The Hidden Village is a wonderful book written by Bonnie that has earned a place in our family library. It’s the story of a boy named Manju from Bengal, India, and how he discovers a hidden village where the people are forgotten and impoverished. Against great obstacles and general disbelief from his family and neighbors, he takes action to help the people in the village.
My kids and I read this book together and really enjoyed it. They would not let me stop reading it! Each chapter really hooked us into the next. My little readers also enjoyed picking it up on their own and the short chapters, easy style, and beautiful illustrations kept them captivated. They loved that a child was leading the way on this adventure and could make a big impact for God’s kingdom.
A few reasons why I’m glad this book is on our shelves:
- Very gospel-centered, encouraging children to be mission minded and have a heart for telling people about Jesus.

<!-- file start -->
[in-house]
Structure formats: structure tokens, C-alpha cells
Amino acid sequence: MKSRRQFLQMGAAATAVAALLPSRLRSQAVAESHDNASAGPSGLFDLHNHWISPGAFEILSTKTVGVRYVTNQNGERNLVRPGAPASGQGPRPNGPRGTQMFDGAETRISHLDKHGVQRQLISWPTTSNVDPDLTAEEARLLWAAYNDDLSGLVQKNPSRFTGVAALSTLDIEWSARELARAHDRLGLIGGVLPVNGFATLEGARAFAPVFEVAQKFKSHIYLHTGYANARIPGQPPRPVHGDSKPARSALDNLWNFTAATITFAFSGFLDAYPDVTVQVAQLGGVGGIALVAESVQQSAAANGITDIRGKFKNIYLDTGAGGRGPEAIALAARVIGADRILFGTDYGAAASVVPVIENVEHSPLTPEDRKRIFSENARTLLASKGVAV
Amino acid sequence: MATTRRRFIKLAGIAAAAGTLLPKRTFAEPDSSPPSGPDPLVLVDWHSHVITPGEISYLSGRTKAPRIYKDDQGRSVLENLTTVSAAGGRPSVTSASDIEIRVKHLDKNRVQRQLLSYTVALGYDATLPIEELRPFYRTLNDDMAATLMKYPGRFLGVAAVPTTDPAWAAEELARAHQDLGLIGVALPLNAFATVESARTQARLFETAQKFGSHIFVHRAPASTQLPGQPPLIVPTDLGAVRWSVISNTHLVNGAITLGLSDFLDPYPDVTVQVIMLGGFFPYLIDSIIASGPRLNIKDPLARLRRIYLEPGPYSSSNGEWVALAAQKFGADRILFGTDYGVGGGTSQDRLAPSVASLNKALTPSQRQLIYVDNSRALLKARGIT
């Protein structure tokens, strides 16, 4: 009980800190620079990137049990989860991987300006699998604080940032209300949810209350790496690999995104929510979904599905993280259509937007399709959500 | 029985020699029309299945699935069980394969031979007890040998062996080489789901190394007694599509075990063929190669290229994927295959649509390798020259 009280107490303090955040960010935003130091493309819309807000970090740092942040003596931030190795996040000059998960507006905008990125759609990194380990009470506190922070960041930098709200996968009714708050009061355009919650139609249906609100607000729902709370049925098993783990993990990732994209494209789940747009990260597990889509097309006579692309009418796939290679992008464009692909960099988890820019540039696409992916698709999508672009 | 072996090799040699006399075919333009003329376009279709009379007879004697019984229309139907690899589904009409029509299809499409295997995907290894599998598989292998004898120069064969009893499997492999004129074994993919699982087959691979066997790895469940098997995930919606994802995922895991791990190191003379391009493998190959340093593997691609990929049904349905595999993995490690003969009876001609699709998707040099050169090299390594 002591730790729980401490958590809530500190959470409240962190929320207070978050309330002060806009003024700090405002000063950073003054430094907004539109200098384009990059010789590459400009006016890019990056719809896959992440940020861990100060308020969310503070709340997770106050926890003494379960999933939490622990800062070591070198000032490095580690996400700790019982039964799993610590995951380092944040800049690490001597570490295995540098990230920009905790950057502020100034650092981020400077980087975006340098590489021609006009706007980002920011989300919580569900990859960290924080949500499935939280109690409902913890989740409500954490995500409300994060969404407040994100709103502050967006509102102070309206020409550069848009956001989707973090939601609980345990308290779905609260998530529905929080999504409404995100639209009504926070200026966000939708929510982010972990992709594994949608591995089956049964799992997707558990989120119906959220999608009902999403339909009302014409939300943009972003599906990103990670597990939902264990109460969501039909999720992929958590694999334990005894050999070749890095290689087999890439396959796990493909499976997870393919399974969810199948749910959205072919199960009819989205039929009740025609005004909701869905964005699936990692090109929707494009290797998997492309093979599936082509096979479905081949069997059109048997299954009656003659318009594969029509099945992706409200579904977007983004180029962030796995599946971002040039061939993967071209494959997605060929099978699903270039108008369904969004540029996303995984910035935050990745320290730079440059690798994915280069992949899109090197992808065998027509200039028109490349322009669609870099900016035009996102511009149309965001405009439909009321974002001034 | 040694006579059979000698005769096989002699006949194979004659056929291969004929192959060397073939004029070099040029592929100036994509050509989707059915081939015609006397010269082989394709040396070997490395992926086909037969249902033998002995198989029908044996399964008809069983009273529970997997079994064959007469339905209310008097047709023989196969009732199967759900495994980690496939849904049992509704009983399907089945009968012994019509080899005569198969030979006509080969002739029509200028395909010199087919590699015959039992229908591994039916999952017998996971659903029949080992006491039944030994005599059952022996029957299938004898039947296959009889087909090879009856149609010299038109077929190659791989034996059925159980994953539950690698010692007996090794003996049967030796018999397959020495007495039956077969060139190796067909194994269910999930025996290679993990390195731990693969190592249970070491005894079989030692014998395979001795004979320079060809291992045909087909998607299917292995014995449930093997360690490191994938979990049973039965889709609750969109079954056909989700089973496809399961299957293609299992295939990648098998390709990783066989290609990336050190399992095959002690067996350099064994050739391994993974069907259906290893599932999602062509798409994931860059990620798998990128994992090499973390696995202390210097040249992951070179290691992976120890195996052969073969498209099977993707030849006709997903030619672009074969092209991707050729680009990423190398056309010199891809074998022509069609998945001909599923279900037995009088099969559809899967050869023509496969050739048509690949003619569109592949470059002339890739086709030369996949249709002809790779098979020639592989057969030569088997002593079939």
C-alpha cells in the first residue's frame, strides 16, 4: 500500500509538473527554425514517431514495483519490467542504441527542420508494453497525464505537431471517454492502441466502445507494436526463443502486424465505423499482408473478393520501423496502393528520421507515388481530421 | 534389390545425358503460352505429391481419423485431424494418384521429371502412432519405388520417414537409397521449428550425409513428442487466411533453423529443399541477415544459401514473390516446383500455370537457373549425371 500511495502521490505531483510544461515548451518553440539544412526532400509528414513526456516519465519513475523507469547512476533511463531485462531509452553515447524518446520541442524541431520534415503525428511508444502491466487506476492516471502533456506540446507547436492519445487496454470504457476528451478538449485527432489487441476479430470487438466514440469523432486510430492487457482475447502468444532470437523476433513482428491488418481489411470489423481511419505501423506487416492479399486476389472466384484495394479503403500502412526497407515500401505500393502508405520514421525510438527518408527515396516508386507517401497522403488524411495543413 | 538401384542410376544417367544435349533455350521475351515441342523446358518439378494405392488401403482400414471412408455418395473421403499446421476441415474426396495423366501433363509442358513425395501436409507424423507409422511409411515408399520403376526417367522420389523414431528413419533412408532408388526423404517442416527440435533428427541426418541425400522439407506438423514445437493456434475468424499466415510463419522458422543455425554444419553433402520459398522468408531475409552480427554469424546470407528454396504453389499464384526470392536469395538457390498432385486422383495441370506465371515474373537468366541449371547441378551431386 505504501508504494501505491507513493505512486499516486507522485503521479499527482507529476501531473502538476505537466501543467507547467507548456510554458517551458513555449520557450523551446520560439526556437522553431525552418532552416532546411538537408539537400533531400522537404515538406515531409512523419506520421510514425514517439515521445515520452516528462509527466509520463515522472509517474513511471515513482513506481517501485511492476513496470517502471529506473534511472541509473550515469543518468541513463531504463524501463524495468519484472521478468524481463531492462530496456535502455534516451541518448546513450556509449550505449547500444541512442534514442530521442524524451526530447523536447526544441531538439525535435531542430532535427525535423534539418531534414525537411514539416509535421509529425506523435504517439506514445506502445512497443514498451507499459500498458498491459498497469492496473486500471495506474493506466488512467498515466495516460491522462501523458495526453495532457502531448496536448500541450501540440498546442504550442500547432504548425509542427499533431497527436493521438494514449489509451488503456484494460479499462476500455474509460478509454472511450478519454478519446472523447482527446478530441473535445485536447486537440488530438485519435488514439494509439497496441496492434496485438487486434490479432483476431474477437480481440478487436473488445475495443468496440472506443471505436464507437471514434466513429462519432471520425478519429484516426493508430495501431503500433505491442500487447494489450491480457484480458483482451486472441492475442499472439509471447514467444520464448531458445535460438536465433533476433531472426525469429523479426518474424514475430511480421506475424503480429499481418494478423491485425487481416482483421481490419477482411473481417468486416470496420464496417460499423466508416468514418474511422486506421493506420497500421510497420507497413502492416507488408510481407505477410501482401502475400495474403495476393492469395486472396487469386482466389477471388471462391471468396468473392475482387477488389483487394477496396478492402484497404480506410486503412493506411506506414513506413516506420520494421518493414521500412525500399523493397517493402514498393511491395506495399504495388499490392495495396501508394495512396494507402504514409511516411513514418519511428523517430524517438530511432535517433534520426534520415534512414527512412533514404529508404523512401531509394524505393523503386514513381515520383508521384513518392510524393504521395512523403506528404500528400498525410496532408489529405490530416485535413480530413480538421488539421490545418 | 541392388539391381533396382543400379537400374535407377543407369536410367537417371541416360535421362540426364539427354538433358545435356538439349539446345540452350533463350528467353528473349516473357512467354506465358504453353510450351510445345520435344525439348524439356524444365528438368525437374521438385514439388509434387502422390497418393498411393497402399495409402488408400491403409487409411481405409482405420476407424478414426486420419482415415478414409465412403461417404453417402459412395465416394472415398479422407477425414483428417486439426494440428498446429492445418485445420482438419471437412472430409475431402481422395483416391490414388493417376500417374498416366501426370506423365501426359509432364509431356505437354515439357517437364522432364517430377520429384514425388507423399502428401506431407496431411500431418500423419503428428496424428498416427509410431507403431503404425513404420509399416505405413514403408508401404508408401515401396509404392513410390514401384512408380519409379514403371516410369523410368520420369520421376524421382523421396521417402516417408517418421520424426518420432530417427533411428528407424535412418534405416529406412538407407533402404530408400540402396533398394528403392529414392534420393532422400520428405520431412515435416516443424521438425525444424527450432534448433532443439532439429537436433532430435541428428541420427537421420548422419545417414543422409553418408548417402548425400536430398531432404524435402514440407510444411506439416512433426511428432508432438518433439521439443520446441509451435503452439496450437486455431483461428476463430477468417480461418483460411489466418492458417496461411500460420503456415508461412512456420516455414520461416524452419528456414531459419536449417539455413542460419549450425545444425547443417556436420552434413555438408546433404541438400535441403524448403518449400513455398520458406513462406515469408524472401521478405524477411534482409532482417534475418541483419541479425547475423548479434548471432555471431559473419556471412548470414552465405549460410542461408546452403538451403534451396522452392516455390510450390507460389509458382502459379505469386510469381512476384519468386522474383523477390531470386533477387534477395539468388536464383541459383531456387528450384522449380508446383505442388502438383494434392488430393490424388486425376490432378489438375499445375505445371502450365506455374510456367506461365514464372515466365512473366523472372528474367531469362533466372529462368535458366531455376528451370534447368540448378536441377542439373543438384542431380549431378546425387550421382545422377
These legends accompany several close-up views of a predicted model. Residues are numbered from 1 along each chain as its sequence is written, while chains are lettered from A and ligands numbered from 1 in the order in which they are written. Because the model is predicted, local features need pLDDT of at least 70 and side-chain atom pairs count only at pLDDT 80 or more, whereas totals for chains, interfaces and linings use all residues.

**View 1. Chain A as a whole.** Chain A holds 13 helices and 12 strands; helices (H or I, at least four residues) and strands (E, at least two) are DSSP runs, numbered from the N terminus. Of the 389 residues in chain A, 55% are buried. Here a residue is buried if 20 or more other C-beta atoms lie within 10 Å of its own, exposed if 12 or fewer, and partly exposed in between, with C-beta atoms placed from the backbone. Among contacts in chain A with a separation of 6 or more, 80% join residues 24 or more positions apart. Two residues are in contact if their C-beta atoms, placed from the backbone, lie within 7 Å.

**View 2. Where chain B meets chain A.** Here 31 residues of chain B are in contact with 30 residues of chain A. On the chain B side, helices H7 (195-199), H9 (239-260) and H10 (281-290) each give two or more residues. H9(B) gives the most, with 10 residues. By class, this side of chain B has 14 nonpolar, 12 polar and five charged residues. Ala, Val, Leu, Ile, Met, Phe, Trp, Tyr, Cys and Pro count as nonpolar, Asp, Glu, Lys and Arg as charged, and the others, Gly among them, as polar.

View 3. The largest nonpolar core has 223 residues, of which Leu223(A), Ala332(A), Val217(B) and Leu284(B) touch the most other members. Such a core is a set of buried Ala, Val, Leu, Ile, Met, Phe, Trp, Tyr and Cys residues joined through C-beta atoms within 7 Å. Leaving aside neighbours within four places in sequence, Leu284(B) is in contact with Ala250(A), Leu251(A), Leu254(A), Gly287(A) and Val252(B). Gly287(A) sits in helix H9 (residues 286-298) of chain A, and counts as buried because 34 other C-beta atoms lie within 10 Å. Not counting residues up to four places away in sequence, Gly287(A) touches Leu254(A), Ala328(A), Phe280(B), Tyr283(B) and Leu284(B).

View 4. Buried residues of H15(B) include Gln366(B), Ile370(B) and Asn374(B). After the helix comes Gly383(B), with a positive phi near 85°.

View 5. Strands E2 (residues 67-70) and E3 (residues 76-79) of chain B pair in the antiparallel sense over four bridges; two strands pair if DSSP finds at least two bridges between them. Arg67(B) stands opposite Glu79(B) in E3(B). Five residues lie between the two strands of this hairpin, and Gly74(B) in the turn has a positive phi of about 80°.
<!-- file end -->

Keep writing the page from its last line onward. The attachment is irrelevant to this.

- Easy but engaging reading, which fit or multiple-age homeschool perfectly.
- Can easily be made into a unit study on the country, the people groups, praying for modern Bengal and unreached peoples, etc.
- Cultivates a love for faraway people and places, nurturing compassion in our home for each other and for the world beyond our backyard. ❤️
Bonnie Rose Hudson’s heart’s desire is for every child to feel the love of God and know how special they are to Him. She works as the Director of SchoolhouseTeachers.com, the curriculum site of The Old Schoolhouse Magazine®. She would love for you to explore the wonderful curriculum available there and to stop by her author’s blog WriteBonnieRose.com for resources to help teach your children about missions and the persecuted Church, free history and writing printables, discover how you can write for the homeschool market, and check out her newest release from JourneyForth, The Hidden Village, an early reader sent in India.